May the operator of oil and gas leases drill and complete a well before it gives notice to other working interest owners of their right to participate in it?
The Fifth Circuit held last week in Bonn Operating Co. v. Devon Energy Production Co., L.P., No. 09-11040 (5th Cir. July 30, 2010) that, under Texas law, the operator may do just that.
The case concerned a Joint Operating Agreement relating to oil and gas leases in Wyoming. The JOA entitled Devon, the operator, to propose wells to Bonn, which (like Devon) owned 50 percent of the working interest (the right to prospect for, produce, and sell oil and gas) under the leases. But Devon waited until it almost completed the Marquis Federal 15W-12 well before giving Bonn notice of its right to participate by paying its 50 percent share of the costs. The JOA allowed Bonn to elect within 30 days after getting the notice. Bonn chose not to participate (it "went non-consent") despite the fact that the well produced. But Bonn then claimed that Devon's breach of the JOA's notice provisions barred Devon from charging Bonn for any of the drilling, completion, and operating costs.
[The JOA penalized Bonn for going non-consent by entitling Devon to receive from production 100 percent of its operating costs and three times its drilling and completion costs before Bonn would see a penny. After that, Devon and Bonn would split the proceeds of production 50-50. Bonn seems to have hoped to get a 50 percent cut without paying any costs, which position would not likely endear it to the bench.]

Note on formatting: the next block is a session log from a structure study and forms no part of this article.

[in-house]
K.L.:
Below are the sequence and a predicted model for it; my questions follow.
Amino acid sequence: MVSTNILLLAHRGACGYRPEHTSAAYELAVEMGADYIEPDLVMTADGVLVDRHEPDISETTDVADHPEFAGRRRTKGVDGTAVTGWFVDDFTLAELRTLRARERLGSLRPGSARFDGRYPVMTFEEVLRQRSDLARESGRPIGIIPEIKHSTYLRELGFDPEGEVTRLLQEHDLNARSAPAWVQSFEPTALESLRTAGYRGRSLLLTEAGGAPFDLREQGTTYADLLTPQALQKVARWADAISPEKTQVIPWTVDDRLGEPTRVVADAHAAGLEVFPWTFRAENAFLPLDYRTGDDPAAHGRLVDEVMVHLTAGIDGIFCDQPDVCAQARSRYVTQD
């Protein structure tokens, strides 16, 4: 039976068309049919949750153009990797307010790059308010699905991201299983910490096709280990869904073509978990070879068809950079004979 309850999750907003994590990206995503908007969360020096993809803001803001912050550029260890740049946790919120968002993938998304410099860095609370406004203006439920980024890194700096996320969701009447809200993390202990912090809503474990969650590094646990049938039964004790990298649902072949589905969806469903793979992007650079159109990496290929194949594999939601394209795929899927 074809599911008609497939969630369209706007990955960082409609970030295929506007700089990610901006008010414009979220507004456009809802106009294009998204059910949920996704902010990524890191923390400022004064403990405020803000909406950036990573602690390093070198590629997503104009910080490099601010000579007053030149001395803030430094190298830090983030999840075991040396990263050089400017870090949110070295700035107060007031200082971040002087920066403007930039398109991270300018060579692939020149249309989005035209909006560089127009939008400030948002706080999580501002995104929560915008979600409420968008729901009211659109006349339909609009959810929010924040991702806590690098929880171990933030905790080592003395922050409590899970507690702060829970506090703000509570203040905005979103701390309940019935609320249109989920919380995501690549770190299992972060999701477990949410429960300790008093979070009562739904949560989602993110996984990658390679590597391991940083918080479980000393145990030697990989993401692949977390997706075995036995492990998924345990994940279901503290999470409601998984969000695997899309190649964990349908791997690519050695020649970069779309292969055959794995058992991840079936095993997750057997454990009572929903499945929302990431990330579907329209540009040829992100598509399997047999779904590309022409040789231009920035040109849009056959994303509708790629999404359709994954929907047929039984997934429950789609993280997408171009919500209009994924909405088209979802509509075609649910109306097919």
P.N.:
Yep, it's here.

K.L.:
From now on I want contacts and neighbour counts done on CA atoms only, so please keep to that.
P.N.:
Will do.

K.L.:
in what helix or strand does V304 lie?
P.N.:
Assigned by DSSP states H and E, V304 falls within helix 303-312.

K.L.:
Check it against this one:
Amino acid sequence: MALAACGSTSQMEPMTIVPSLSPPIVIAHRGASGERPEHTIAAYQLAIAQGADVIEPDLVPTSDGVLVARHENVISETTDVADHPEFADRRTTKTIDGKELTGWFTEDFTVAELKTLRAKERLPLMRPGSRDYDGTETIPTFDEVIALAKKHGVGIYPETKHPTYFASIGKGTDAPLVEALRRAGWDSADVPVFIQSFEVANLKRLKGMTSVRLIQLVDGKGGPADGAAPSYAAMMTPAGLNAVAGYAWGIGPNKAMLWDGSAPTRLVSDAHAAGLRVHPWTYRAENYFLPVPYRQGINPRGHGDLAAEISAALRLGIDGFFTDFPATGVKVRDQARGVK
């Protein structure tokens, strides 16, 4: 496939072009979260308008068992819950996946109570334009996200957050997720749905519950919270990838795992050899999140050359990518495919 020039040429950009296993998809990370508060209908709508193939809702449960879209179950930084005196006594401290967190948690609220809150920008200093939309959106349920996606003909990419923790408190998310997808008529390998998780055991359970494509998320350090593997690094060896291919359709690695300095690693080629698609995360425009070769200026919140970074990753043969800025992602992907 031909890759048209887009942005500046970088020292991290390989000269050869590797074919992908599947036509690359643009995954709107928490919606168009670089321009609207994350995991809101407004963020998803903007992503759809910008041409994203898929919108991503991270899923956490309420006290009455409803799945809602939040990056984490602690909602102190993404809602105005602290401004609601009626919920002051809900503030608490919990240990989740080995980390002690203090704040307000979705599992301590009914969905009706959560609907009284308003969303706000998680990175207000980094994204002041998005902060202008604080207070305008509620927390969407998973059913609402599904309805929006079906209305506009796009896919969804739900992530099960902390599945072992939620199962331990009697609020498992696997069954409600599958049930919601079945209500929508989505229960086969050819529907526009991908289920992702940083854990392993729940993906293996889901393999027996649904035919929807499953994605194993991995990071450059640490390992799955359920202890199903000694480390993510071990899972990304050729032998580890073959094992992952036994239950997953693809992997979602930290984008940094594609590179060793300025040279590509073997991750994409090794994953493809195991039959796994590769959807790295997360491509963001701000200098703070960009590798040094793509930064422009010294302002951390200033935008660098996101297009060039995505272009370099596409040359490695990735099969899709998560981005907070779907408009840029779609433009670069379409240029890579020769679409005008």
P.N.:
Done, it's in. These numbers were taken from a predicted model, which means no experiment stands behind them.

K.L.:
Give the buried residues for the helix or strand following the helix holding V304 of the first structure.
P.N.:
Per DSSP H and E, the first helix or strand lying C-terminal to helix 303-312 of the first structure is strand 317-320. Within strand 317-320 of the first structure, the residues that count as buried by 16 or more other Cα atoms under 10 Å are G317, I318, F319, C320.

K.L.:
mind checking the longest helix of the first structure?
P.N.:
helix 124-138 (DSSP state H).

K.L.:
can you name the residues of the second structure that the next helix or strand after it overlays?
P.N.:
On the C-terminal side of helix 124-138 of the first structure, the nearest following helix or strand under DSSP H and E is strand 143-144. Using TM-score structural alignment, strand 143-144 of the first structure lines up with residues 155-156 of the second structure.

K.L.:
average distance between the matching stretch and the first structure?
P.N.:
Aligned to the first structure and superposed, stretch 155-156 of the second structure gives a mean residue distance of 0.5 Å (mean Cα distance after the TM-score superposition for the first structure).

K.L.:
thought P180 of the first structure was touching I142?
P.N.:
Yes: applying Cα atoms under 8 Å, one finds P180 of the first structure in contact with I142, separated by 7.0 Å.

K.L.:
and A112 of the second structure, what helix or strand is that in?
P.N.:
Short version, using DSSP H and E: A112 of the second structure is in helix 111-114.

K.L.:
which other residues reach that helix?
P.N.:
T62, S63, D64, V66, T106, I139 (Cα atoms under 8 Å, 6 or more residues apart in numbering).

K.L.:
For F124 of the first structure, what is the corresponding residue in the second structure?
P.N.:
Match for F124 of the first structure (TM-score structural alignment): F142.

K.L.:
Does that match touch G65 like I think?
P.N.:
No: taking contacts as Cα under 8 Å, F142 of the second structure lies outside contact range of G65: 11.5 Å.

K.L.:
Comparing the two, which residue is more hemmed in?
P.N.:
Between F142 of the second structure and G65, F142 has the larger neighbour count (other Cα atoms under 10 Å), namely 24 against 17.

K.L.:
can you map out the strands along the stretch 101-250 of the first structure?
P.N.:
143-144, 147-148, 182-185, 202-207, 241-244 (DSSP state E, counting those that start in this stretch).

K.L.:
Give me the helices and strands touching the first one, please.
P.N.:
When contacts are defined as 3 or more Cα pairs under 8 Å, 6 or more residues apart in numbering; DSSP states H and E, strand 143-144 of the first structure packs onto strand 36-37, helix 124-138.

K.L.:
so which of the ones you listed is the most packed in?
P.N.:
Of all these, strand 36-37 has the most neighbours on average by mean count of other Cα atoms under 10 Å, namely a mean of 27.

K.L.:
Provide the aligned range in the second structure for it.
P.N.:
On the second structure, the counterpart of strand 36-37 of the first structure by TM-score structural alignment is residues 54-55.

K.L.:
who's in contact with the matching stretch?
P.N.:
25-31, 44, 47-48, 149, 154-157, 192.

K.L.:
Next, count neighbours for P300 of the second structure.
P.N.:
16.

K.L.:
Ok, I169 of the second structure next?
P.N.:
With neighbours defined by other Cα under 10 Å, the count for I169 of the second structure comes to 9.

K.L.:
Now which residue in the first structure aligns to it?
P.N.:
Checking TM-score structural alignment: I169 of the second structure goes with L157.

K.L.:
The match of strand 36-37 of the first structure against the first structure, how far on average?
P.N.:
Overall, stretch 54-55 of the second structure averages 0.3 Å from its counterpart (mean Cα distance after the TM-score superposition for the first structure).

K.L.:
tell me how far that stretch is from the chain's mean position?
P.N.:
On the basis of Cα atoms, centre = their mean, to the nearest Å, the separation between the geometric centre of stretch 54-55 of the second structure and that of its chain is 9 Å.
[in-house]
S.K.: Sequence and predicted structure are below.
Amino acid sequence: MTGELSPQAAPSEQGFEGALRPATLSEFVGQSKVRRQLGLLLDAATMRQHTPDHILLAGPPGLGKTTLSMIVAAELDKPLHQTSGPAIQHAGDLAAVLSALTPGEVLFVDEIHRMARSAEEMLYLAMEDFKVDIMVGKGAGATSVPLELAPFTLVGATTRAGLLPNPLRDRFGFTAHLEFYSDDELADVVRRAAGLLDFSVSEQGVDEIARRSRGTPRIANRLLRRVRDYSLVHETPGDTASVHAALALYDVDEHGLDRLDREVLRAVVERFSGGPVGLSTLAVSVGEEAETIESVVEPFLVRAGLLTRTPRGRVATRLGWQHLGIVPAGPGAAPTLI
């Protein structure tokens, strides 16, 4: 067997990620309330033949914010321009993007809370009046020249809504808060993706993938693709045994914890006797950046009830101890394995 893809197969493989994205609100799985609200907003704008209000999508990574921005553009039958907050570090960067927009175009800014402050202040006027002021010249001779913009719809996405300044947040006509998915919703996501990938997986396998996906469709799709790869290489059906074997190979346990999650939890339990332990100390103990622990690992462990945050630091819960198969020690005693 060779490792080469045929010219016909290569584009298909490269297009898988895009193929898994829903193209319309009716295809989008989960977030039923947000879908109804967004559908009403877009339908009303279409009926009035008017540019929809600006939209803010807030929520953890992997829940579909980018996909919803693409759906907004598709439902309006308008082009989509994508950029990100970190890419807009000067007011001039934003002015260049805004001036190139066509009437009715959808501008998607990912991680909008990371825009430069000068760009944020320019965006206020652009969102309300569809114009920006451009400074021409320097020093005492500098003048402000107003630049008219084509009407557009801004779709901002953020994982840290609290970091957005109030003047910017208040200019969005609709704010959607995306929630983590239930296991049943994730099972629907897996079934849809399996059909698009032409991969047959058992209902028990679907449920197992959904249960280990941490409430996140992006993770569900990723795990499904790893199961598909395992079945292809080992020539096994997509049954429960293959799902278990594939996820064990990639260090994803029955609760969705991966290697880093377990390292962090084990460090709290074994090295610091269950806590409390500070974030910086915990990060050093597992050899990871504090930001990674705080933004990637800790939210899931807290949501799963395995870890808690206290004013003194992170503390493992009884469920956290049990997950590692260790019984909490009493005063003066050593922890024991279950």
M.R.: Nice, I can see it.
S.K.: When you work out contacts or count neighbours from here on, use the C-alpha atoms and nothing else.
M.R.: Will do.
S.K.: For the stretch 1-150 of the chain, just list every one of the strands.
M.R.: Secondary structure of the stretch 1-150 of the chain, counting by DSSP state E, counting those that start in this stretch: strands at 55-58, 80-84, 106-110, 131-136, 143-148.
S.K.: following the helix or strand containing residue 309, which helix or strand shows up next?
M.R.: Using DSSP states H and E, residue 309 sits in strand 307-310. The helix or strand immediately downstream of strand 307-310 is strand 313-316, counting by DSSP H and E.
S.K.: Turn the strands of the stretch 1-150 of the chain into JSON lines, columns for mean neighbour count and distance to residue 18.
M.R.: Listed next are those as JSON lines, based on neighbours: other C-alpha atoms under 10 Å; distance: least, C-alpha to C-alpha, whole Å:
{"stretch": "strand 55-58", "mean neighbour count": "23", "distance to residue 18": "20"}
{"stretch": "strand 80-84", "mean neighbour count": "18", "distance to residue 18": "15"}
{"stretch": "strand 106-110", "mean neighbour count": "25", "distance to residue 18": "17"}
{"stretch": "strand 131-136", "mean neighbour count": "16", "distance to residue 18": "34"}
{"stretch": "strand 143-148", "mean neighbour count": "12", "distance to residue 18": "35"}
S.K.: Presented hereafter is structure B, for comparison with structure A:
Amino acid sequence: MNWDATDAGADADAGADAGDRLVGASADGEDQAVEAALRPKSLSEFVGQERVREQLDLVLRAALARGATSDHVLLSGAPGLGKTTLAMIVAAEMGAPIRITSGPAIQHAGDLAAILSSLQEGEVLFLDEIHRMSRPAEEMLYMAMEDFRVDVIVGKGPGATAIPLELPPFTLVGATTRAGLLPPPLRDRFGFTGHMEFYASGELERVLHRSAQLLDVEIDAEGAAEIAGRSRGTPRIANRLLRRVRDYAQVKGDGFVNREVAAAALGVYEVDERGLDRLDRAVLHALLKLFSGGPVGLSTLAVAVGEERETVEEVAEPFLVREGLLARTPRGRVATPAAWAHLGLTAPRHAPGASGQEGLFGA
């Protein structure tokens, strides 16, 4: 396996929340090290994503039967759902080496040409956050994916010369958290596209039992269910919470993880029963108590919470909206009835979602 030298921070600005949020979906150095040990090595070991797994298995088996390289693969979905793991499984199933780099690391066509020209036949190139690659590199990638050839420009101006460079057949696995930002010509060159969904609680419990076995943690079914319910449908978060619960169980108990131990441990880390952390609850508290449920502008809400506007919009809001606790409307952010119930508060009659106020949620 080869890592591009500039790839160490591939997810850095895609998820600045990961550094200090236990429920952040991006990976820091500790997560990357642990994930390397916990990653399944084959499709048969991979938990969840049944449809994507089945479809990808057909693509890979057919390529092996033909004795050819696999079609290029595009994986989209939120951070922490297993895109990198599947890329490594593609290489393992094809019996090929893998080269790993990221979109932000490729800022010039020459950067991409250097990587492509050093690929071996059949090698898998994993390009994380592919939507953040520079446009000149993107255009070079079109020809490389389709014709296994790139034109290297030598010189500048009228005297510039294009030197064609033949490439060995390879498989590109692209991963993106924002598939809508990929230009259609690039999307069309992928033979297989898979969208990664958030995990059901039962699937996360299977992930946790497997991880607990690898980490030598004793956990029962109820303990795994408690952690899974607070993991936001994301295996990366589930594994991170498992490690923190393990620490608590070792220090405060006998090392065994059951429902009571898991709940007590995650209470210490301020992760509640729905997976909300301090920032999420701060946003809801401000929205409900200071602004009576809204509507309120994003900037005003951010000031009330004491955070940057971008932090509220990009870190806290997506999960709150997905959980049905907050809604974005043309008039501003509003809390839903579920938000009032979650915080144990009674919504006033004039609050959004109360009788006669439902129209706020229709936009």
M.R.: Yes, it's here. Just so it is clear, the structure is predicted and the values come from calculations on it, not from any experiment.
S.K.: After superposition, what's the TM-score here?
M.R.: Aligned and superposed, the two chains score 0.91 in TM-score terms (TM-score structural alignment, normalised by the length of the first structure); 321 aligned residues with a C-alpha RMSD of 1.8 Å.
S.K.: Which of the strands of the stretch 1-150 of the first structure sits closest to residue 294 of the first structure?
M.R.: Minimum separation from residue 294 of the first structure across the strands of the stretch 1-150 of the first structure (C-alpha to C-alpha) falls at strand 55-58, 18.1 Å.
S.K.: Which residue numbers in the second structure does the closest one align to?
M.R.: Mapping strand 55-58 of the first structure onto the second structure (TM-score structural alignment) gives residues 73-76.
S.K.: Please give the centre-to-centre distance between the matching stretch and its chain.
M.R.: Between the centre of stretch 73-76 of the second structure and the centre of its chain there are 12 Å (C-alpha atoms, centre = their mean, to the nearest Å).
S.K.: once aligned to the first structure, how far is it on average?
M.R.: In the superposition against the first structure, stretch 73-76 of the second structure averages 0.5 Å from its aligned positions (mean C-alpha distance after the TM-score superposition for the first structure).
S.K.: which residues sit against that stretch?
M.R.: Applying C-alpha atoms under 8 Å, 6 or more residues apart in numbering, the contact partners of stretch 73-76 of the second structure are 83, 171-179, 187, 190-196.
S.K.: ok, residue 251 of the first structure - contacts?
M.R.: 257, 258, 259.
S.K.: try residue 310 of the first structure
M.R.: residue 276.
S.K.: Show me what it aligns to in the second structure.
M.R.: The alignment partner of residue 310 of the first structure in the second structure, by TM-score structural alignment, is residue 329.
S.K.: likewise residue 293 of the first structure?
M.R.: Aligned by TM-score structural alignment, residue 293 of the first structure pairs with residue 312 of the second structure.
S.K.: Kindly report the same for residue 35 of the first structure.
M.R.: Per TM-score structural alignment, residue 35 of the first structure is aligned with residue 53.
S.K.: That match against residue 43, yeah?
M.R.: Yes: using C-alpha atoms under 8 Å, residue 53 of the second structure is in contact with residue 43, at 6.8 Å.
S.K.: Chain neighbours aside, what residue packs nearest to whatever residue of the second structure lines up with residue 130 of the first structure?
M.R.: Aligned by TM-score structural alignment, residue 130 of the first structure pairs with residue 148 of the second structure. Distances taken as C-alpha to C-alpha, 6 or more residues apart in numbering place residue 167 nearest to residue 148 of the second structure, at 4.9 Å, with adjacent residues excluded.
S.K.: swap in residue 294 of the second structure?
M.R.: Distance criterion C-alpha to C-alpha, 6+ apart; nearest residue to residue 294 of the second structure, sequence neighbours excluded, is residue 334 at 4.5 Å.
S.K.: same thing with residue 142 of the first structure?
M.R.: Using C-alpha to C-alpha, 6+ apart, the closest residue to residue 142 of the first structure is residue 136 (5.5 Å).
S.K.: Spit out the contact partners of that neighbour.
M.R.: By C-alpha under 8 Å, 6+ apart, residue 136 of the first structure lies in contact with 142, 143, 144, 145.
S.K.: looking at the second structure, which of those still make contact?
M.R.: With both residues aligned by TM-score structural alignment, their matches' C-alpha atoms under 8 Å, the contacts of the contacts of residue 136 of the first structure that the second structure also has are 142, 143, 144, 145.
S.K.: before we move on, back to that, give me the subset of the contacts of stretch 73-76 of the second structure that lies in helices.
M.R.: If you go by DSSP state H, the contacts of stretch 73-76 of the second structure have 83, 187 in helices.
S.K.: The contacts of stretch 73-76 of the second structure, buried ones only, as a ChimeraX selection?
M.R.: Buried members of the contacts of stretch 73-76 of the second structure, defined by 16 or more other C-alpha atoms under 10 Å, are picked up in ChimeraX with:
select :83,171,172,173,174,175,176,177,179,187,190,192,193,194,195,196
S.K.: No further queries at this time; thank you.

The district court granted summary judgment to Devon. The Fifth Circuit affirmed. Devon's delay in sending notice, the court observed, "actually works in favor of Bonn. It had the opportunity to decide its participation in the well after the majority of the risk associated with drilling had been determined." Id., slip op. at 6. The lack of harm to Bonn plus its election to go non-consent precluded it from avoiding paying its share of costs under the JOA.